Proponents of Proposition 8, California's same-sex marriage ban, have asked the 9th Circuit Court of Appeals for an en banc review of a ruling by a three-judge panel upholding a lower court's striking down the law as unconstitutional.
An en banc panel is made up of 11 judges, chosen at random from the circuit.
Earlier today, KQED's Scott Shafer talked to Hastings law professor Rory Little about the procedure for and the legal strategy behind asking for an en banc panel. Edited transcript
Explain the en banc process.
Normally the filing is styled as a petition for a rehearing or for a rehearing en banc. A rehearing by the original panel is not granted very often. It's possible that the original panel either determines that the petitioners have shown an obvious error, so we don't need to go en banc because we can correct it ourselves, or the panel will sometimes adjust their opinion trying to head off an en banc. They're not likely to consider granting a rehearing of their own, but you never know.
In a case like this, almost certainly the panel will refer it to the en banc court. It would then go to a judge who's called the en banc coordinator. That coordinator will send it out and say here's a petition for rehearing en banc – and they get a ton of these. But this one will get special attention.
A majority of active judges in the circuit needs to grant an en banc hearing. That's 13 votes, which is very hard to get in a circuit that has 7,000 – 8,000 appeals filed a year. They grant maybe 15-20 en bancs a year.The Supreme Court has said more than once that the 9th circuit ought to use its en banc power to clear up problematic decisions before the cases get to us. Then there are other judges who believe that if a case is an outlier, it's the Supreme Court's job to clear it up, not the en banc court.
I think [Prop 8 proponents] are pretty disappointed with Judge Smith's dissent, which was not a ringing Scalia-like forceful "this is wrong." It was more like "we should be cautious, although there are a lot of good points here."
Here's the kind of case that's always granted en banc: a case in which different panels of the 9th circuit have reached opposite conclusions, meaning an intra-circuit conflict. This case is not going to have any intra-circuit conflicts associated with it. The other kind of case is an inter-circuit conflict, where the opinion of the panel conflicts with opinions from other circuits.
The Prop 8 backers will assert that the panel's opinion conflicts with Supreme Court authority. The other thing they'll say is this is a matter of exceptional importance, even though it's a California case, because it's a huge state and also because parts of the panel's opinion cannot be limited to California. For example, the panel's rejecting the pro-Prop 8 rationale for the law as not having a rational basis is not restricted to California. That rational basis analysis, you would think, applies to virtually any gay rights case.
There are judges on the circuit who believe that if there's an inter-circuit conflict, that's not a job for the en banc court, it's a job for the Supreme Court. But the Supreme Court, frankly, believes that 9th circuit panels generate more outlier decisions, and that a number of decisions every year are obviously incorrect. So they think these cases should be handled by the circuit en banc and not by the Supreme Court in a summary reversal. Every year a large number of summary reversals by the Supreme Court are from the 9th circuit.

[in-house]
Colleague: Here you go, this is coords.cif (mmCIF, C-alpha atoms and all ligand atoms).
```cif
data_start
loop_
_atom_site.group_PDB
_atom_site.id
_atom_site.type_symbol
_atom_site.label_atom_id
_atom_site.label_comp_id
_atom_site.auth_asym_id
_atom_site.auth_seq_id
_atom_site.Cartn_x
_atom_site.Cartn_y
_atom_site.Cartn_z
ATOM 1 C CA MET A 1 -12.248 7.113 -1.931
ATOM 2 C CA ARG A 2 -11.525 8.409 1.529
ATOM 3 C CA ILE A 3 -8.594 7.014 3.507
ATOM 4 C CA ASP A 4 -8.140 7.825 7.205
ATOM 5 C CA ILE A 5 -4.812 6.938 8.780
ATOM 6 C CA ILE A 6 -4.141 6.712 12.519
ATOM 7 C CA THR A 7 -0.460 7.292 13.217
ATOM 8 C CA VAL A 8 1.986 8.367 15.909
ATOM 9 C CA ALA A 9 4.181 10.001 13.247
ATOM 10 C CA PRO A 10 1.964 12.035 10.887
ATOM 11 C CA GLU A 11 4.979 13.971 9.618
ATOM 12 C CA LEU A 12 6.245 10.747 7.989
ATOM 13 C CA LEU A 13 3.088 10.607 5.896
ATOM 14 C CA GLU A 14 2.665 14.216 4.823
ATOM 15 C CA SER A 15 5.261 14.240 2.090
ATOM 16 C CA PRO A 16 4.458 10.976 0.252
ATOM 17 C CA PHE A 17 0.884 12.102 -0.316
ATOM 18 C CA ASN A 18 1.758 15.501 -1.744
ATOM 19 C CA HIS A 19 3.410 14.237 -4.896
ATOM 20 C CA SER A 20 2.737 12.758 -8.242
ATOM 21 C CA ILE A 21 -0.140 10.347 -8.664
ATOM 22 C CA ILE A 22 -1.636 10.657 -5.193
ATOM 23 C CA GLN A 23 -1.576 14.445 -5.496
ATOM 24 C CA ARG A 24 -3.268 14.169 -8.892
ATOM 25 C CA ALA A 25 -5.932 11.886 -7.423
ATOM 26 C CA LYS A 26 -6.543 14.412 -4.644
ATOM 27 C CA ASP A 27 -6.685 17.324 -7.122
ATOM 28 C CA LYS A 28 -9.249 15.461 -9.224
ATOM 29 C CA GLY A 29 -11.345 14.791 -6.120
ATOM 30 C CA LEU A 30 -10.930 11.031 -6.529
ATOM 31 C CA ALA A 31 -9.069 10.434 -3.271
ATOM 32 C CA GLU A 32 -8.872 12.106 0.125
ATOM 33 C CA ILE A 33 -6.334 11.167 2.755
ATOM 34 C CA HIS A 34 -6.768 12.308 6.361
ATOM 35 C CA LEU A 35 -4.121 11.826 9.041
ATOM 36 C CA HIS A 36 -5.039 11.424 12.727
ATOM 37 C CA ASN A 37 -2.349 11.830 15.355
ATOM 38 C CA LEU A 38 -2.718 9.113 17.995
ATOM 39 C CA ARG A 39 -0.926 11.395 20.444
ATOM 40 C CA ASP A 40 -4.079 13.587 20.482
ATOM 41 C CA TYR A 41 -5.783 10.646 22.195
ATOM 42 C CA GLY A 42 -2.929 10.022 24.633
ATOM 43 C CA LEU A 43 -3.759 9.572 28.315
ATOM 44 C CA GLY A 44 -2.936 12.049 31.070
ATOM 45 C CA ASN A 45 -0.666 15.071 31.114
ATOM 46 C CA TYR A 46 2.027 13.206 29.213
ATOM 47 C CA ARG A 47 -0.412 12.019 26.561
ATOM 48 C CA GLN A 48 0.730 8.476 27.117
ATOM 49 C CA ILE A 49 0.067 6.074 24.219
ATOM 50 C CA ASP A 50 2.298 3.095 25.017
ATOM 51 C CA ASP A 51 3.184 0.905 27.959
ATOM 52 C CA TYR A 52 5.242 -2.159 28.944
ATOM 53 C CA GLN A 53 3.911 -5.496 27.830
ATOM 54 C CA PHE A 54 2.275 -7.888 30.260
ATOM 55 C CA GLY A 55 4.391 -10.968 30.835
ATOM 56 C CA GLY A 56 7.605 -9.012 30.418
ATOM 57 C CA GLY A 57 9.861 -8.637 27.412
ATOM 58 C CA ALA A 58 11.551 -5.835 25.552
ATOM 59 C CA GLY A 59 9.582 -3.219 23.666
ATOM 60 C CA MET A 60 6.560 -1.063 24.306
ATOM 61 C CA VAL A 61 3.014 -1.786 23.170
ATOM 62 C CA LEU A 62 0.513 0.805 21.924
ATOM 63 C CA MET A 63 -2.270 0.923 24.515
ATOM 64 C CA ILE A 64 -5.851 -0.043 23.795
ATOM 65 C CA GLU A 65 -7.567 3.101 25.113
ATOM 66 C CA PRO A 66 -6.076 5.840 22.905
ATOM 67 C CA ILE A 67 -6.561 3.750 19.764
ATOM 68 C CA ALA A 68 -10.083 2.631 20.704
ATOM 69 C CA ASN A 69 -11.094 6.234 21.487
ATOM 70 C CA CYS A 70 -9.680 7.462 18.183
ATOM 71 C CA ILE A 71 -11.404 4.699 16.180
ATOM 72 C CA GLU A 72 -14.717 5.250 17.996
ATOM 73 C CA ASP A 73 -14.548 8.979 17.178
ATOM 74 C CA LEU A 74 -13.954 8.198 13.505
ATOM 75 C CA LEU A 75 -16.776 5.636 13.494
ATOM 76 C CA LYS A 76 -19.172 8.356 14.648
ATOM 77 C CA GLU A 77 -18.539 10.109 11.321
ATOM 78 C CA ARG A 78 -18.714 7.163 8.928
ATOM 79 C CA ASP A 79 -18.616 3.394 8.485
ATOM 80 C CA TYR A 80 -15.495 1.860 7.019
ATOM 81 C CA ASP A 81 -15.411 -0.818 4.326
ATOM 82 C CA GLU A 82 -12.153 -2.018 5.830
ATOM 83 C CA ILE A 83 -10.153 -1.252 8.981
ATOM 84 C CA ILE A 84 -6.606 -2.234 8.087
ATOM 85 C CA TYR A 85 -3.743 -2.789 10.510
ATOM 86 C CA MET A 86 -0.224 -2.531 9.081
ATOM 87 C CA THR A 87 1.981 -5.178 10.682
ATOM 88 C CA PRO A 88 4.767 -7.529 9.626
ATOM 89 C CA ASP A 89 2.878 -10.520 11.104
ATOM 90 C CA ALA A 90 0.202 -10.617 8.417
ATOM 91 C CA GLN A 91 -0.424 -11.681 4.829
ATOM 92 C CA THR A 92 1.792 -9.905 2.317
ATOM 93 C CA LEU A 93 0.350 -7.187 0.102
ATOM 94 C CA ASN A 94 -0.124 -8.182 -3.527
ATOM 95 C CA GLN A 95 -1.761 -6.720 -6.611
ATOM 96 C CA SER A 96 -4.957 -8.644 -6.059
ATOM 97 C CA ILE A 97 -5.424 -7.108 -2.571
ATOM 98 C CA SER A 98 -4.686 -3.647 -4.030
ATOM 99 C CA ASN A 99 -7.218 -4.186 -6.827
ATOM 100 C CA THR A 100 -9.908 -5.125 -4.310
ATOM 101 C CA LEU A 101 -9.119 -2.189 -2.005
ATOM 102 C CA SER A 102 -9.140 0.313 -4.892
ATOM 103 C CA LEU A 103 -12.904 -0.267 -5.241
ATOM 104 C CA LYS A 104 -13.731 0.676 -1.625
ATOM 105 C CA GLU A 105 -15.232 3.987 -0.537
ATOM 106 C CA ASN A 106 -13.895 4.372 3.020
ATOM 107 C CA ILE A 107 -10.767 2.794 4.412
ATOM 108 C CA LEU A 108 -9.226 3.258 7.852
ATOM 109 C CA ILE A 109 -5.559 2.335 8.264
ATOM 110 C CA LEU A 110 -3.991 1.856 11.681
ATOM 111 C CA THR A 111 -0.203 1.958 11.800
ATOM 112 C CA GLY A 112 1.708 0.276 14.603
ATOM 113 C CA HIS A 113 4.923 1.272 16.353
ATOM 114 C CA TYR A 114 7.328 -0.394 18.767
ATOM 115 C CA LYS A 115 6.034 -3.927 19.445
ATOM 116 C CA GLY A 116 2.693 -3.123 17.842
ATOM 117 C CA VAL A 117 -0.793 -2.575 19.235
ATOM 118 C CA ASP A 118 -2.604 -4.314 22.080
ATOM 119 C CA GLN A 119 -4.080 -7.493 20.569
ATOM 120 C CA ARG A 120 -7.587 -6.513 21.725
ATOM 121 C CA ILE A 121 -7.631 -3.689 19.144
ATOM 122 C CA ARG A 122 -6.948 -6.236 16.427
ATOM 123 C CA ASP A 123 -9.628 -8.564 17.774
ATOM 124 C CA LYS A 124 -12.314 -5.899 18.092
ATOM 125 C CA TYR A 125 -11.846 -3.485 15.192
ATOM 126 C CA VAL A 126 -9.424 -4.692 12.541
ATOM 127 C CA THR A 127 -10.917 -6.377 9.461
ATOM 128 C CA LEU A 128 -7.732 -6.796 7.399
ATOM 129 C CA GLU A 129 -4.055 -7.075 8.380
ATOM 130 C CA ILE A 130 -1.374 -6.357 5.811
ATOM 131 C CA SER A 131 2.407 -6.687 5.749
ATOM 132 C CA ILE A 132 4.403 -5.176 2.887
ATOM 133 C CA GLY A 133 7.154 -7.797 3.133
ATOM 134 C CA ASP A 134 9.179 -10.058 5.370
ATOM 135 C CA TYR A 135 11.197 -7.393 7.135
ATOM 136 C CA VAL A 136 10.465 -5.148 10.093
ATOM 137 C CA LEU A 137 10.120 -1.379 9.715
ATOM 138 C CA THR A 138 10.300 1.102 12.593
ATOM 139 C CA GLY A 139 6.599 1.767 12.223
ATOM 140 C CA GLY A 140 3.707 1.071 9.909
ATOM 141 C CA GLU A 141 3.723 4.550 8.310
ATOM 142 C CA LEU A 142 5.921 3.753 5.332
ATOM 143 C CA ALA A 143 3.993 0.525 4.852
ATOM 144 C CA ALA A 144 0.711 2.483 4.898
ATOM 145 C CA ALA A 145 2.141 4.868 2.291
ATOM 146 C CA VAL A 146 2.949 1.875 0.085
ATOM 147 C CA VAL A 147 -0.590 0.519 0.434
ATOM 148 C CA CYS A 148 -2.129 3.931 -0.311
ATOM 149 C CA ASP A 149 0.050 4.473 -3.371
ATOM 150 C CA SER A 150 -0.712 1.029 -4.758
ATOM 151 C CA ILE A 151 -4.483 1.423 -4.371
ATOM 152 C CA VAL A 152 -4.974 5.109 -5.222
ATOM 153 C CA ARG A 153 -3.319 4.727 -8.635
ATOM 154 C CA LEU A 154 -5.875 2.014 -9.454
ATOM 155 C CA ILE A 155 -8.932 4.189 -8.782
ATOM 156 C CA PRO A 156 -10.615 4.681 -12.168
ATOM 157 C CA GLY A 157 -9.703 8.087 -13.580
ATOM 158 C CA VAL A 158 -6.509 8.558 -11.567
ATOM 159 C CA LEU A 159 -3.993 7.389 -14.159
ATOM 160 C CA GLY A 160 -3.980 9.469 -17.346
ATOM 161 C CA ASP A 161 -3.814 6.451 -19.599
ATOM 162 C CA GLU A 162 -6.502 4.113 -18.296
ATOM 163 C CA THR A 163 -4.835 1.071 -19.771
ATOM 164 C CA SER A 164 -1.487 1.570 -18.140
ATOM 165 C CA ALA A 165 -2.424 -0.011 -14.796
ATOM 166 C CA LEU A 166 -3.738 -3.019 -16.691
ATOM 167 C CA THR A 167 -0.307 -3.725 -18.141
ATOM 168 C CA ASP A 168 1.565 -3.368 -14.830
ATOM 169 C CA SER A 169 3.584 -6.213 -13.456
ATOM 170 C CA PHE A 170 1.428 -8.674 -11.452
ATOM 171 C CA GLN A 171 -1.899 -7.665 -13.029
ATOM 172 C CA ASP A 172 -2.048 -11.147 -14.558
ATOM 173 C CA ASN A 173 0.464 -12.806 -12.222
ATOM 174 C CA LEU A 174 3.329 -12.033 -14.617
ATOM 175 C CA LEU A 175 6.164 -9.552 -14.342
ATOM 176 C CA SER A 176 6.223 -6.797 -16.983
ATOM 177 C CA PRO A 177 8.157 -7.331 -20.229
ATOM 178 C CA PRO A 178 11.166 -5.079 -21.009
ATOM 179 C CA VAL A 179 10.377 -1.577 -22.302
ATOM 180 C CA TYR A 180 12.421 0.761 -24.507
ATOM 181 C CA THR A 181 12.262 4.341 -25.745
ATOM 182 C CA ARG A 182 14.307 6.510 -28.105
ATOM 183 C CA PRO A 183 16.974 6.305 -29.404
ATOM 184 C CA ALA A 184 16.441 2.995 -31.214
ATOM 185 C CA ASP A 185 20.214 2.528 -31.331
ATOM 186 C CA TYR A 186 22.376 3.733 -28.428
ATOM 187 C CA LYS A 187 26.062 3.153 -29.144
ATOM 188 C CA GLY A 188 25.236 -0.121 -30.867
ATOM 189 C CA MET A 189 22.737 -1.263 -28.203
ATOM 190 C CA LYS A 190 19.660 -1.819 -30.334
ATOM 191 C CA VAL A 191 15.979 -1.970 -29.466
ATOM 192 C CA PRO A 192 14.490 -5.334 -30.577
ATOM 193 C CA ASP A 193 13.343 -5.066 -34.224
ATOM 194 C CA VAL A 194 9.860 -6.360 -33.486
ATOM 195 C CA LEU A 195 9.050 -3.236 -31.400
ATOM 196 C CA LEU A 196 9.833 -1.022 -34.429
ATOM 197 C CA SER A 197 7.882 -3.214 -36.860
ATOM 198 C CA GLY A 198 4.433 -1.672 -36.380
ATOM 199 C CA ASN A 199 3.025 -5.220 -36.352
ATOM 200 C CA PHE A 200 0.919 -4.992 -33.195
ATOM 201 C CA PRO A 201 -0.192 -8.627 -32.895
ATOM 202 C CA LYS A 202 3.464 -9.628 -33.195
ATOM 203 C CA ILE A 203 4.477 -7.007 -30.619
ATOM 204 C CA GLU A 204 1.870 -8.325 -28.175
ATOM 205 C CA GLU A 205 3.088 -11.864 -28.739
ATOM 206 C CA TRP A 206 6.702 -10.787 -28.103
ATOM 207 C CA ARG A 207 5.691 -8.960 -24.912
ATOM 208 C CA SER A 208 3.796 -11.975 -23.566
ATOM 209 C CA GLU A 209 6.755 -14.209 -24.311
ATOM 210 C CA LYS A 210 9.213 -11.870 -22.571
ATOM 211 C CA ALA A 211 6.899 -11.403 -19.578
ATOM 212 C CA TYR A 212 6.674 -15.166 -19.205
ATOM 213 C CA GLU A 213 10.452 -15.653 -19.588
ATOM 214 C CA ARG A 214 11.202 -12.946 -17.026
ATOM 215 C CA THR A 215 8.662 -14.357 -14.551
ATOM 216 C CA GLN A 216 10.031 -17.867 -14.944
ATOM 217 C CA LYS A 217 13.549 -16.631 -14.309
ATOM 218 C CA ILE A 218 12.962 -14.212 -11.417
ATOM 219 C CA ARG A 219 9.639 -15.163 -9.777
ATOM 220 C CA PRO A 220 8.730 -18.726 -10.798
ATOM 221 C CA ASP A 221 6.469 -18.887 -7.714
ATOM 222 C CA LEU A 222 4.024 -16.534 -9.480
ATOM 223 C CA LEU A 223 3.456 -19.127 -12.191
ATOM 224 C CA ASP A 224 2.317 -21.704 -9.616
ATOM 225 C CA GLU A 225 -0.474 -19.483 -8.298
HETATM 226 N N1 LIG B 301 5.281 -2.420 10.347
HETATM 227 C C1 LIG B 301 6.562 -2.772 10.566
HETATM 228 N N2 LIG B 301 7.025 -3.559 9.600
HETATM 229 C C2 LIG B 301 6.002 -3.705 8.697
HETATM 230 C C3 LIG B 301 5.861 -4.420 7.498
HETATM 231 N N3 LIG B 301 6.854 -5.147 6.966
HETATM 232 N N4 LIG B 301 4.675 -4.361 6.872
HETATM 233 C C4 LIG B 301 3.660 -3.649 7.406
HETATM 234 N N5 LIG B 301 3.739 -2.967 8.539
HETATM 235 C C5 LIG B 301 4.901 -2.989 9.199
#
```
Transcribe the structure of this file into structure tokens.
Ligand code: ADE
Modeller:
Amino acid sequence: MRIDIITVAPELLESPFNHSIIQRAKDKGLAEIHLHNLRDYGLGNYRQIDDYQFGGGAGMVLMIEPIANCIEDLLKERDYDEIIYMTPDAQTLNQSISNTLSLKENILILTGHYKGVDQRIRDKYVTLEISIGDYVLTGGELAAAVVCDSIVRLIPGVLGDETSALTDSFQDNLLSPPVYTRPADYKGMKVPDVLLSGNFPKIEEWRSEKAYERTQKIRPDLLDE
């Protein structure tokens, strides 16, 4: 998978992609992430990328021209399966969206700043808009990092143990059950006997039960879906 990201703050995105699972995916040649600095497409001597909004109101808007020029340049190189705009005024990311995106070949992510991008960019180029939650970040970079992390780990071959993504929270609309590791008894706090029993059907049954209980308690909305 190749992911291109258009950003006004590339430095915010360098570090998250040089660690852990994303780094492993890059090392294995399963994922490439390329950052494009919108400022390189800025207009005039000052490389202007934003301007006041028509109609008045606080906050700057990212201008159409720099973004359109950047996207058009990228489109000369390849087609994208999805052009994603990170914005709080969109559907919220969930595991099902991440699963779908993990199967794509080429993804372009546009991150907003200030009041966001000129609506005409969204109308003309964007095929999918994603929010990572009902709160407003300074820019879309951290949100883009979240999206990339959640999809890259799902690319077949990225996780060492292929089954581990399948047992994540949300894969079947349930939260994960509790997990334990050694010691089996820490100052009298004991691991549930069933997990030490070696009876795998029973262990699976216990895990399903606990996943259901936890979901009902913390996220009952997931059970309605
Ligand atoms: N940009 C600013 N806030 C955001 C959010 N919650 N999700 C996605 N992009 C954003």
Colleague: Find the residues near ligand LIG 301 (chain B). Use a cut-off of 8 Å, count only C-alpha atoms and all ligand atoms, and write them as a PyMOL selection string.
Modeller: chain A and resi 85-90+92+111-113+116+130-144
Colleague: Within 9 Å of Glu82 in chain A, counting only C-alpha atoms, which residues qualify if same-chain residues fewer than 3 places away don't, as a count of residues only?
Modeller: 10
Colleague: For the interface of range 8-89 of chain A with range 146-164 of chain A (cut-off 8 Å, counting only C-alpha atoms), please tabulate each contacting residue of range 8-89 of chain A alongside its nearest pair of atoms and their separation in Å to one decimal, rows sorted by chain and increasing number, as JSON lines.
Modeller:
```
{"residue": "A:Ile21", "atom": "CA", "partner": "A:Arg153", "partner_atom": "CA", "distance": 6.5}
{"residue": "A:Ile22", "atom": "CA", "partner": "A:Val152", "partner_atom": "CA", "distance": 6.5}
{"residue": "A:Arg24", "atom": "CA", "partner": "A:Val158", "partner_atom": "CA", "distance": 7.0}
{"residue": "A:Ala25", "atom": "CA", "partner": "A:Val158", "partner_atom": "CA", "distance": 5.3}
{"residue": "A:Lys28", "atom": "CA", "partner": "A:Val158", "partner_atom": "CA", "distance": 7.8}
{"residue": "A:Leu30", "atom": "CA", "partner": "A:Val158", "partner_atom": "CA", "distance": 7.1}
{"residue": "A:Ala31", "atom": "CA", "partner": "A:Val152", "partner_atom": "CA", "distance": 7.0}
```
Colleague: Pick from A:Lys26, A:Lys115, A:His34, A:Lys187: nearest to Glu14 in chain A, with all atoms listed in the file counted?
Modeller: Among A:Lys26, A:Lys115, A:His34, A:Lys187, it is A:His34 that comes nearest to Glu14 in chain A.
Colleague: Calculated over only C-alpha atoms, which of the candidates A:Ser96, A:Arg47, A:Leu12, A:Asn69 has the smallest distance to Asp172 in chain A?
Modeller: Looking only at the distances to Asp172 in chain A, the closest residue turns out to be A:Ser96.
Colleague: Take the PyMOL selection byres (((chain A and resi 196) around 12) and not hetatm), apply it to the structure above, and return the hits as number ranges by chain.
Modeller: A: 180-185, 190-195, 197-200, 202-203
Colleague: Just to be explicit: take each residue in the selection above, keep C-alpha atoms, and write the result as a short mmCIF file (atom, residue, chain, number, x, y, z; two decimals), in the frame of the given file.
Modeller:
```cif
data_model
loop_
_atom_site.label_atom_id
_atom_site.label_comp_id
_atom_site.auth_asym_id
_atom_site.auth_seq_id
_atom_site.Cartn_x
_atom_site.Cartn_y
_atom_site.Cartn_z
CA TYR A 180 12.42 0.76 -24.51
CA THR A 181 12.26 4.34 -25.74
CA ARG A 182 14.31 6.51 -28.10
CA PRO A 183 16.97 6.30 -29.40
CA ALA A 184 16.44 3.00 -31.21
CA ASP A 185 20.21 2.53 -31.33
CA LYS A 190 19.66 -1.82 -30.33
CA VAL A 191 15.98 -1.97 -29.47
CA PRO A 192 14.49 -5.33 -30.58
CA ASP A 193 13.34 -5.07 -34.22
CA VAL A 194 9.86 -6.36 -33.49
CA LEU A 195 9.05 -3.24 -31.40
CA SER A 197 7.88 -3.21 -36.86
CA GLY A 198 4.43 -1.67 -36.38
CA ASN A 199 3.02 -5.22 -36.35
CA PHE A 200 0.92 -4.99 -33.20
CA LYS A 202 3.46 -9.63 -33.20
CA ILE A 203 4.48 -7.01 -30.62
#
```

What’s the legal strategy in asking for an en banc panel? The en banc panel is chosen at random, so it's a bit of a crapshoot, isn't it?
The strategy is that if they ask for en banc and it's denied, then in a sense they've exhausted all the remedies, and it makes it a slightly stronger case for Supreme Court review. Because the Supreme Court often says 'why didn't you ask for an en banc hearing?'
I think they're pretty disappointed with Judge Smith's dissent, which was not a ringing Scalia-like forceful "this is wrong." It was more like "we should be cautious, although there are a lot of good points here."
Here's the best result for proponents: They don't get enough votes for en banc, but they get a forceful dissent from the denial of en banc from O`Scannlain and Bybee and whoever they can pick up, which they can then use as their petition to the Supreme Court. Bybee and O`Scannlain have had a number of cases granted in the last five years from their dissents from en banc. Those guys are in the business of writing cert petitions, basically. And they're powerful writers.
In terms of timing, do new briefs have to be filed with the en banc panel?
They do not have to have a second round of briefing. There are circuits that routinely do en banc without new briefs being filed. The 9th Circuit has tended to ask for a new en banc briefing, because sometimes the cases on which they grant en banc haven't been briefed very well, frankly. But that's hard to say in this case.
There will be people really strategically maneuvering within the court on this one, on both sides. There is an argument that says, fine, let's re-hear it en banc, and now we'll get eight judges to say it's unconstitutional instead of just two.